I-TEAM: For some, COVID-19 isn't the killer. An AU doctor says THEIR OWN BODY is.
Thursday, April 9, 2020
AUGUSTA, Ga. (WRDW/WAGT) -- Some coronavirus patients crash -- and crash hard -- just when they appear to be on the mend. It could be the reason COVID-19 is killing some young people with no underlying health conditions.
The good news is that Augusta University Health infectious disease expert Dr. Jose Vazquez says this only happens in about 5% of patients.
The bad news? It’s catching those patients off guard because it hits seemingly out of nowhere and when the patient has already started to recover.
You could call the coronavirus a perfect storm in how it’s been able to sweep the globe.
Doctors at AU are about to study another storm, thought. It's one that's been silently brewing in some coronavirus patients.
“We don’t know what triggers it,” Dr. Jose Vazquez said. “We don’t know if it’s a type of individual.”
Doctors do know this -- the cytokine storm -- as it’s called -- isn’t the work of the coronavirus.
It’s the patient’s own body betraying them.
“And those are the patients that end up in the hospital,” Dr. Vazquez said. “Those are the patients that end up in the ICU, and those are the ones that end up on mechanical ventilation.”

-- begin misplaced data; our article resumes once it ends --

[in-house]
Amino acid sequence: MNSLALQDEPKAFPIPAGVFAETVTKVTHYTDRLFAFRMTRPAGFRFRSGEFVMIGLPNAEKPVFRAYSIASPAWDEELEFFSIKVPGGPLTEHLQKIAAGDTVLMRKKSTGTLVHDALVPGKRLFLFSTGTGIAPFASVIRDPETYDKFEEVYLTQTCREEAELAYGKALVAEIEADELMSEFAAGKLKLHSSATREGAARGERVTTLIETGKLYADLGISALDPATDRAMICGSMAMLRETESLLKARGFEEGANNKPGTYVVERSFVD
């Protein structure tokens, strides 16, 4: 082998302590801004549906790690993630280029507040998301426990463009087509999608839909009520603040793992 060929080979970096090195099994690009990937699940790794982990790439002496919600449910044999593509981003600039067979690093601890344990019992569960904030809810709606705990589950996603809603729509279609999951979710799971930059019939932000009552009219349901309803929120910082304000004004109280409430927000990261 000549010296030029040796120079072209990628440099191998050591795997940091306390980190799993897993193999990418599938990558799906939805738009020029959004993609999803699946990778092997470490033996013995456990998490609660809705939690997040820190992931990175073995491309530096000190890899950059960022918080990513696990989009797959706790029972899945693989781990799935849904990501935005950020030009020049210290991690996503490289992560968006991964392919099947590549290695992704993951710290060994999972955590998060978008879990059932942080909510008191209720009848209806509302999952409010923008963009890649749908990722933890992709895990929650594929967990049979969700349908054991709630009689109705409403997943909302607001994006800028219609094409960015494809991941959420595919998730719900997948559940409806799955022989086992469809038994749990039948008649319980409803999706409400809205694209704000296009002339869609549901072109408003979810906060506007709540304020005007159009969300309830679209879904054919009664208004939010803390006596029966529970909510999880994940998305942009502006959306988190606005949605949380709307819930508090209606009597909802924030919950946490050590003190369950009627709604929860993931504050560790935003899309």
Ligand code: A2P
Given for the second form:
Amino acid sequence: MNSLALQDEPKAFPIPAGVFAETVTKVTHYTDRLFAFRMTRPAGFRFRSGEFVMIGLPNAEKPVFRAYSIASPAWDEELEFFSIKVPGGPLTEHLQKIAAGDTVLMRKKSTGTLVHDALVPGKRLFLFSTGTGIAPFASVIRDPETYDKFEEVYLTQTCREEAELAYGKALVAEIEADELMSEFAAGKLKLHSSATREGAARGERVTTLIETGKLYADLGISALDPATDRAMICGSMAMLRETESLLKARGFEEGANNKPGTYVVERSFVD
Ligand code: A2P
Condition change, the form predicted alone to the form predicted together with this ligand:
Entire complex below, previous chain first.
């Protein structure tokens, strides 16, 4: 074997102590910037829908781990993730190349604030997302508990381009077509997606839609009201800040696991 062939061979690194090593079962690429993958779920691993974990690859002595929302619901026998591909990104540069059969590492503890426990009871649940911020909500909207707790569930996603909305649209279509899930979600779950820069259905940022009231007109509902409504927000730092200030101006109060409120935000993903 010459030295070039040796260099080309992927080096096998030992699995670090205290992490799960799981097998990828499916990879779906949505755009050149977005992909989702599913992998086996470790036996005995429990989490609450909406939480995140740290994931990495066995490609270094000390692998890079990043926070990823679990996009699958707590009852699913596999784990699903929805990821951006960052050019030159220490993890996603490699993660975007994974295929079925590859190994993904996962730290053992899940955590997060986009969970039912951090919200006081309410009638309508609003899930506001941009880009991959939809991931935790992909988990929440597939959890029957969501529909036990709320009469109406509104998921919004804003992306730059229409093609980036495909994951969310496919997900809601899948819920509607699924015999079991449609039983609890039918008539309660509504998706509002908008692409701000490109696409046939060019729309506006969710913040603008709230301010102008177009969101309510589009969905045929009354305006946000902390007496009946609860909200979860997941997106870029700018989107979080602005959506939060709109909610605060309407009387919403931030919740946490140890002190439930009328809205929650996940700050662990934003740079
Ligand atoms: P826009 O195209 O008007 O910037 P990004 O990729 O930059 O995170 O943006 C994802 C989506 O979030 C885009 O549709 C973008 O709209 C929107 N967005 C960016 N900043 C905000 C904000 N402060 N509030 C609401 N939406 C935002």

A lot of times, it’s too late. That’s because the immune system has already done too much damage.
Yes, the immune system.
When a virus attacks, your immune system releases an army of cytokines to fight.
When they defeat the enemy, the war is over.
In a cytokine storm, your soldiers aren’t getting the memo, so you keep sending more into battle.
Eventually, they attack you.
“So the lungs get flooded with fluid,” Vazquez said. You, meanwhile, are unaware of this treason because it happens days after you start to feel better.
“As a matter of fact, that cytokine storm begins at about the second week,” Dr. Vazquez said.
Cytokine storms can happen in people of any age, but doctors think this might explain why young people who are otherwise healthy have become coronavirus casualties.
They’re also starting to use a drug called tocilizumab -- similar to
-- that’s made headlines recently.
“It’s used in patients that have collagen vascular disease, and it's supposed to block that cytokine cascade,” Dr. Vazquez said. “We do use it here, but only in very severe patients.”
There hasn't been a lot of research on it yet, but next week, AU plans to start looking at inflammatory markers that might be able to forecast this storm.
Hopefully, it will help their patients get ahead of it.
Dr. Vazquez says they’ll be using blood tests to study these cytokines. He also says not every lab has the capability of doing that kind of test, but AU does.
That’s just one more way Augusta University could be helping in this global fight.